What it means: McLendon's value to the team increased last month, when the Jets decided to release co-nose tackle Mike Pennel. At that point, it made sense to bring back McLendon on a modest deal. At 33, he's best suited for a rotational role, although he could wind up as the starter by default. He played in 42 percent of the defensive snaps last season, mainly on first and second downs. The man can stop the run in his sleep. With McLendon and Henry Anderson re-signing, it means the starting defensive line remains intact. But there could be a big addition in the draft, perhaps Nick Bosa or Quinnen Williams.
What's the risk: Not much, as you can tell by the contract, but you have to wonder if McLendon has enough quickness to play in Gregg Williams' attacking 3-4 scheme. His production declined last season based on the previous year. If nothing else, McLendon is a terrific locker-room presence and he prides himself on mentoring young players. He would be an ideal mentor for Williams, a fellow Alabama native.
Jamison Crowder, wide receiver
The Jets have signed Crowder to a three-year deal worth $28.5 million ($17 million guaranteed). Here's a closer look at the wide receiver who spent the previous four seasons with the Washington Redskins:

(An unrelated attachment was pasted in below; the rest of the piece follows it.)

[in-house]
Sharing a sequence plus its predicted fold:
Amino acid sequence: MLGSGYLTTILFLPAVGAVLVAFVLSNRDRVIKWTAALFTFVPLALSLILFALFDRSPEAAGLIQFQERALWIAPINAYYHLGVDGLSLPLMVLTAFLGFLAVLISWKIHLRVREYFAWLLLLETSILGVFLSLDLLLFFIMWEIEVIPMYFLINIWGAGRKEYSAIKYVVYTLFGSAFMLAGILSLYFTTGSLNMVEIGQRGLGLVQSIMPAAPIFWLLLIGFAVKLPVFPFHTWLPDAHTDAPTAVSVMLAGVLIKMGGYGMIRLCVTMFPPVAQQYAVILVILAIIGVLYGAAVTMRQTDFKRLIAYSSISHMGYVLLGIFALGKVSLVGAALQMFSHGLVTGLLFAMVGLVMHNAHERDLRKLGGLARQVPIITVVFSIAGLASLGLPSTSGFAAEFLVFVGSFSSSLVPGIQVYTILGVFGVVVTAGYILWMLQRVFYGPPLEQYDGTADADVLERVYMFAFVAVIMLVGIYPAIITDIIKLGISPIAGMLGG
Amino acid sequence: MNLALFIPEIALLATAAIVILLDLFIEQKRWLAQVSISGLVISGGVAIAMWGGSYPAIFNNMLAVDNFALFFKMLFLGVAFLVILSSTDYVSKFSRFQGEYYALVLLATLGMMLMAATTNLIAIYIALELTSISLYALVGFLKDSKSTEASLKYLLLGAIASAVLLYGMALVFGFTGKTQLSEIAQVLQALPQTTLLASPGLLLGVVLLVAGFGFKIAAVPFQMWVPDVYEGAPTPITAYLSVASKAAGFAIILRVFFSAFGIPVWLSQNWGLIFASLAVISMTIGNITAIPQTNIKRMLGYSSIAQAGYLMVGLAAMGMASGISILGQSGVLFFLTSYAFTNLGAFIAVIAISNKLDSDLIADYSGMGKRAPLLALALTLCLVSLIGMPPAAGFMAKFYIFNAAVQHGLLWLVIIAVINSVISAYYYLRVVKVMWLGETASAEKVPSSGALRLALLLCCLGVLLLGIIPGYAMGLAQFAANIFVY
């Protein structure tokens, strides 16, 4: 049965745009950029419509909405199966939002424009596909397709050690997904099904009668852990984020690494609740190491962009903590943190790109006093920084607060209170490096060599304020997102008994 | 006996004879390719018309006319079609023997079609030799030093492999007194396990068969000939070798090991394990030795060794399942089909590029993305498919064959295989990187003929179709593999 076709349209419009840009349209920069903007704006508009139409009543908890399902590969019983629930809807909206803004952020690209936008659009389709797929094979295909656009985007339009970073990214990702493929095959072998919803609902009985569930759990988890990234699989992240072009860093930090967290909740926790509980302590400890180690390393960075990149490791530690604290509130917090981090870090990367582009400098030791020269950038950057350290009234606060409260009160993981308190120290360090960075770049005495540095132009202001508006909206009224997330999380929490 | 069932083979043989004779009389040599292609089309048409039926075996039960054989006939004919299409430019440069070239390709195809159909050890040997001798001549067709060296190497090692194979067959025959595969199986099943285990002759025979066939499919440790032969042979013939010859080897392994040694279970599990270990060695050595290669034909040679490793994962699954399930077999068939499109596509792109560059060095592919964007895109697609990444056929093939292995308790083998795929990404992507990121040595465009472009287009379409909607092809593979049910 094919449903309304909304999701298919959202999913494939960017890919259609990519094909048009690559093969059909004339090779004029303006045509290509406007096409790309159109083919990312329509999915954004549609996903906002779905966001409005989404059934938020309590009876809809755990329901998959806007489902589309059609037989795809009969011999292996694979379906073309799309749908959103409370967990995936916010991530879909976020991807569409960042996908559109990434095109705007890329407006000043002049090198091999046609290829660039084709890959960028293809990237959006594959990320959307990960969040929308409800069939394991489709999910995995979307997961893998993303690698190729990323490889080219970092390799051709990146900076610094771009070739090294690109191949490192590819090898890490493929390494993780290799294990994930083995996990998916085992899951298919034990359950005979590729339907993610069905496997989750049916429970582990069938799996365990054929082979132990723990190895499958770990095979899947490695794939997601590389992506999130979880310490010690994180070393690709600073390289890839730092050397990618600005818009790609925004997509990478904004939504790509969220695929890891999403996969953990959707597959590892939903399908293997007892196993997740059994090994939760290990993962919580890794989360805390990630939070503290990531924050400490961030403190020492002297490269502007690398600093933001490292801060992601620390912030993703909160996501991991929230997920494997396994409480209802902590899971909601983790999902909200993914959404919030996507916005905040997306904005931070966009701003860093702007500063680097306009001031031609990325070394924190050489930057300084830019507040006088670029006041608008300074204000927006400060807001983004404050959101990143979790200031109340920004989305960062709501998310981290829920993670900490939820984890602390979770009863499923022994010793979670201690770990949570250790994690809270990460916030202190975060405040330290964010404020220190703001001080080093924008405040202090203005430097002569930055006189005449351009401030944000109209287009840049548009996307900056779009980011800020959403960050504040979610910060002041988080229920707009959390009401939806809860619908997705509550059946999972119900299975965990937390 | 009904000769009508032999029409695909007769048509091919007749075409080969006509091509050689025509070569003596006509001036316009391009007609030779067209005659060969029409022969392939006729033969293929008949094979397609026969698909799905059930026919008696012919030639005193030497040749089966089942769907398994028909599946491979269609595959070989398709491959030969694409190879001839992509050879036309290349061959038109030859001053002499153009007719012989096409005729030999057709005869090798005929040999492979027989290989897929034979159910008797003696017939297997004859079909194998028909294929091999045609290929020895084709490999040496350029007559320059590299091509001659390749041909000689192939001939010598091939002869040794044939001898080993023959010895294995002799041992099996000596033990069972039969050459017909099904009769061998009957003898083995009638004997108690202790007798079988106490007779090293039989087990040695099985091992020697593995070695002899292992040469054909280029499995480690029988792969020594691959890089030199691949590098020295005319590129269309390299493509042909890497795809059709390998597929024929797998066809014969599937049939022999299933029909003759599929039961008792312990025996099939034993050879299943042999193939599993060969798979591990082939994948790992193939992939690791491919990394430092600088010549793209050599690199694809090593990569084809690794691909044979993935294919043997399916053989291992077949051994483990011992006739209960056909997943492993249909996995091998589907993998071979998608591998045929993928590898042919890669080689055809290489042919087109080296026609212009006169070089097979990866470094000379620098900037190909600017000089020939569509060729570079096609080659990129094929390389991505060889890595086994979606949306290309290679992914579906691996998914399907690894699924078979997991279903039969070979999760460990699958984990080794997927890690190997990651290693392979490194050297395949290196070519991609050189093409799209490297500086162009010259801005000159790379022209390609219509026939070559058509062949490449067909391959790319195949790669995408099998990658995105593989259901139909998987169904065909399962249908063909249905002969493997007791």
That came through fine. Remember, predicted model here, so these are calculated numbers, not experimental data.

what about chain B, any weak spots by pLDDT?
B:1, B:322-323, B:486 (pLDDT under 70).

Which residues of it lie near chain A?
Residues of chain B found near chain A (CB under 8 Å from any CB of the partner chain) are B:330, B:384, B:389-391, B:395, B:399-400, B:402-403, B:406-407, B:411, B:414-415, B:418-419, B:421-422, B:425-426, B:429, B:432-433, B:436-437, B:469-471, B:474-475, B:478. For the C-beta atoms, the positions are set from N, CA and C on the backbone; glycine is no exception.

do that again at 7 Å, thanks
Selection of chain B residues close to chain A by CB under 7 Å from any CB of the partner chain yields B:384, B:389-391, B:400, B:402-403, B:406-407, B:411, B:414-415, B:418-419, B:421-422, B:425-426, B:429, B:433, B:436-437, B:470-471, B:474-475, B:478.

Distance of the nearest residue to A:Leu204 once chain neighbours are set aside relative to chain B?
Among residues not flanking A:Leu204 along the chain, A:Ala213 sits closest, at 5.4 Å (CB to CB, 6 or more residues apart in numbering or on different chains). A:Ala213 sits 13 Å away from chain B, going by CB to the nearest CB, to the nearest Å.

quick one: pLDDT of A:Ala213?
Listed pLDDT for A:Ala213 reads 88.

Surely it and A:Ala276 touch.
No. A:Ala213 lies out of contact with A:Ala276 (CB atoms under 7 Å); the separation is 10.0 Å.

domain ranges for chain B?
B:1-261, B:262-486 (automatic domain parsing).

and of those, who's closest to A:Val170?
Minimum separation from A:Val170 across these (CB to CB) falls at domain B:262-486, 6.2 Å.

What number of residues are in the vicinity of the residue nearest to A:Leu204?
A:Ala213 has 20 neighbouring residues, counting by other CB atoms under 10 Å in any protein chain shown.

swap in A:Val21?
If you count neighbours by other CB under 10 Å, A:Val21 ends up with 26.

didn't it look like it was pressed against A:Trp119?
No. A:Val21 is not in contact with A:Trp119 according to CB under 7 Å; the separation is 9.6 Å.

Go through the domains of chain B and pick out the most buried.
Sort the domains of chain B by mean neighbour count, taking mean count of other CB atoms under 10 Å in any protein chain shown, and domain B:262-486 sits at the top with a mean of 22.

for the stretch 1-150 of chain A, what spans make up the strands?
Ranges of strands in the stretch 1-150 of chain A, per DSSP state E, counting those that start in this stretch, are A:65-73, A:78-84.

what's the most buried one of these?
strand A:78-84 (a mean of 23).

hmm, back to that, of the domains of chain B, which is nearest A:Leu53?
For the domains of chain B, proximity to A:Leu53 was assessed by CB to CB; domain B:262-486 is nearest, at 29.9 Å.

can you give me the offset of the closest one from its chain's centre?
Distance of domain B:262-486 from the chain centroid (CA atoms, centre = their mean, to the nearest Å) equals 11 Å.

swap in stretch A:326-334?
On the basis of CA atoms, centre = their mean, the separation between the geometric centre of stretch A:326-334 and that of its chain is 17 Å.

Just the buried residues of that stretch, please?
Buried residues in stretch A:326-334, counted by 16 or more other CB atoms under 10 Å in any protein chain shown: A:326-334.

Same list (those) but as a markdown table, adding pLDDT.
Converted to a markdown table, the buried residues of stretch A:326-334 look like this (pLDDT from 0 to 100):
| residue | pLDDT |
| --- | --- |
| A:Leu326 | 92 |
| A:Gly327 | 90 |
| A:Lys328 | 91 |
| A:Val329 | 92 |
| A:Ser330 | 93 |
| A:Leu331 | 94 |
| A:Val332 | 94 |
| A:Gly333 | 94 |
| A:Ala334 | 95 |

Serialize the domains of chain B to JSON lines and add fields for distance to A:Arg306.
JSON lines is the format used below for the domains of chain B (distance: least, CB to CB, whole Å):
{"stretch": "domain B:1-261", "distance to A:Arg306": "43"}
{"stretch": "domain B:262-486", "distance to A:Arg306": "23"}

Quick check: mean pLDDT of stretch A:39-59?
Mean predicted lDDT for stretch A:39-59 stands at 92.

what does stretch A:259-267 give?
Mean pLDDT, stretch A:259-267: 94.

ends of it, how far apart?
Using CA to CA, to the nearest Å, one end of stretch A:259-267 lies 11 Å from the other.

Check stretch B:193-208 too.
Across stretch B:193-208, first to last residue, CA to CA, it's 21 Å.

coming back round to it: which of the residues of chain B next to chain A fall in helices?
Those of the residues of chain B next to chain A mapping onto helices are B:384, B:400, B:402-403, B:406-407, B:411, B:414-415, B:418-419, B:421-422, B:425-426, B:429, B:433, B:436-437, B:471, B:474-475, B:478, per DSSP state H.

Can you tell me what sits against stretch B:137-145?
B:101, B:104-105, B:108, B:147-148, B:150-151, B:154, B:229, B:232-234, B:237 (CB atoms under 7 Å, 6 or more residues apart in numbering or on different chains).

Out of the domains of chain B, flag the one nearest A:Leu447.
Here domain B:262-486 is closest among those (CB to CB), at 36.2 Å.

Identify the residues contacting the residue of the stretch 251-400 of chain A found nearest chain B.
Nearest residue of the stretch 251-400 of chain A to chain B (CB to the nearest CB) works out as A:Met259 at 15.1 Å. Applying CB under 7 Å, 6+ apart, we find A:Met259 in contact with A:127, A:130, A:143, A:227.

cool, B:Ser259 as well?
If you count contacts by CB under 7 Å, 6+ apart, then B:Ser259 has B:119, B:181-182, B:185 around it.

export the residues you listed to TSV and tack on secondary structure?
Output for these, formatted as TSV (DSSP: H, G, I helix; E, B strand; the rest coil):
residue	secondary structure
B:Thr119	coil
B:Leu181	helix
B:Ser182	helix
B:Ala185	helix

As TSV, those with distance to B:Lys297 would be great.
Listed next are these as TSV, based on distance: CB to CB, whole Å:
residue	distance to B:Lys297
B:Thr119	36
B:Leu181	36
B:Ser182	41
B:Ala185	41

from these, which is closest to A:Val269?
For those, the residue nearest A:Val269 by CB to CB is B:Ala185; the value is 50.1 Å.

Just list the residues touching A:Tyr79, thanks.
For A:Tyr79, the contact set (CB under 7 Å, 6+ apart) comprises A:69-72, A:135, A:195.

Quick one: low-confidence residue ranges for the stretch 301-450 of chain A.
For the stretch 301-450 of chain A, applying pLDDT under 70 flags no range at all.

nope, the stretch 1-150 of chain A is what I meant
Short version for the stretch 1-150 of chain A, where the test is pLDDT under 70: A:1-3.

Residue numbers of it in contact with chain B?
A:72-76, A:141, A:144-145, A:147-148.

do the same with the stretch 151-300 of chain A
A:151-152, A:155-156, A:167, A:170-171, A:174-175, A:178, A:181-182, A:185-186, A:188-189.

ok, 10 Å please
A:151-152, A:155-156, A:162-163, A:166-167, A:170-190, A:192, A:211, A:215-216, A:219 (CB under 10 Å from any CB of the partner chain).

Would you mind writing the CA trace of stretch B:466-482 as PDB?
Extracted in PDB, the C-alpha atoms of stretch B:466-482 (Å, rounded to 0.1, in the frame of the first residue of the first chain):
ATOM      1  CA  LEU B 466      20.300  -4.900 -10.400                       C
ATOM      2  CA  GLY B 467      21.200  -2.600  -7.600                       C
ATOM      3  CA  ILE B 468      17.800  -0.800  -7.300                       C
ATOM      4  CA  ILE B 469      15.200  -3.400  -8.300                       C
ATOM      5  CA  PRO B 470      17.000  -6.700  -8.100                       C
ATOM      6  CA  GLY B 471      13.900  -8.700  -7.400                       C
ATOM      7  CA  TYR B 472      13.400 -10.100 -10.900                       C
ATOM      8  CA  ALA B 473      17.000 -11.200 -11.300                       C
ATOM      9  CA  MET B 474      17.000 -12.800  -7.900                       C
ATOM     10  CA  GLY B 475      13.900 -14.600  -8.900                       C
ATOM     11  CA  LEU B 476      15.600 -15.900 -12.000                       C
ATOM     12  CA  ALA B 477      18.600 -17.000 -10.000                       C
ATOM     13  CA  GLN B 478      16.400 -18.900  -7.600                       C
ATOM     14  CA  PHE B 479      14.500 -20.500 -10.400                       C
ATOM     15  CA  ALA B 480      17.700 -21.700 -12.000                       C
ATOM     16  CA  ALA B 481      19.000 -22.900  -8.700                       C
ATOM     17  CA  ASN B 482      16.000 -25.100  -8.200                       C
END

What it means: Darnold has a new slot receiver. Crowder replaces Jermaine Kearse (free agent), who had a down season and will not be re-signed by the Jets. Crowder, too, is coming off a poor season (29 catches for 388 yards, both career lows), but he missed seven games with an ankle injury. When healthy, Crowder is a cinch for 65 catches and 800 yards. He has very good short-area quickness, but not deep speed. Darnold had the league's lowest completion percentage (62.9) on attempts in the 1-to-10 yard range: Crowder can help change that. He turns 26 in June, so there should be plenty of good football in front of him. The Redskins wanted him back, but Crowder's cost was too rich for them.
What's the risk: Crowder has missed only eight games in his career, but he has dealt with nagging injuries in training camp. A $17 million guarantee is a lot of money for a 5-foot-9 slot receiver, but coach Adam Gase felt he needed another proven weapon to make his offense click. The Jets have a decent trio in Crowder, Quincy Enunwa and Robby Anderson, but guess what? They still don't have a true No. 1 receiver.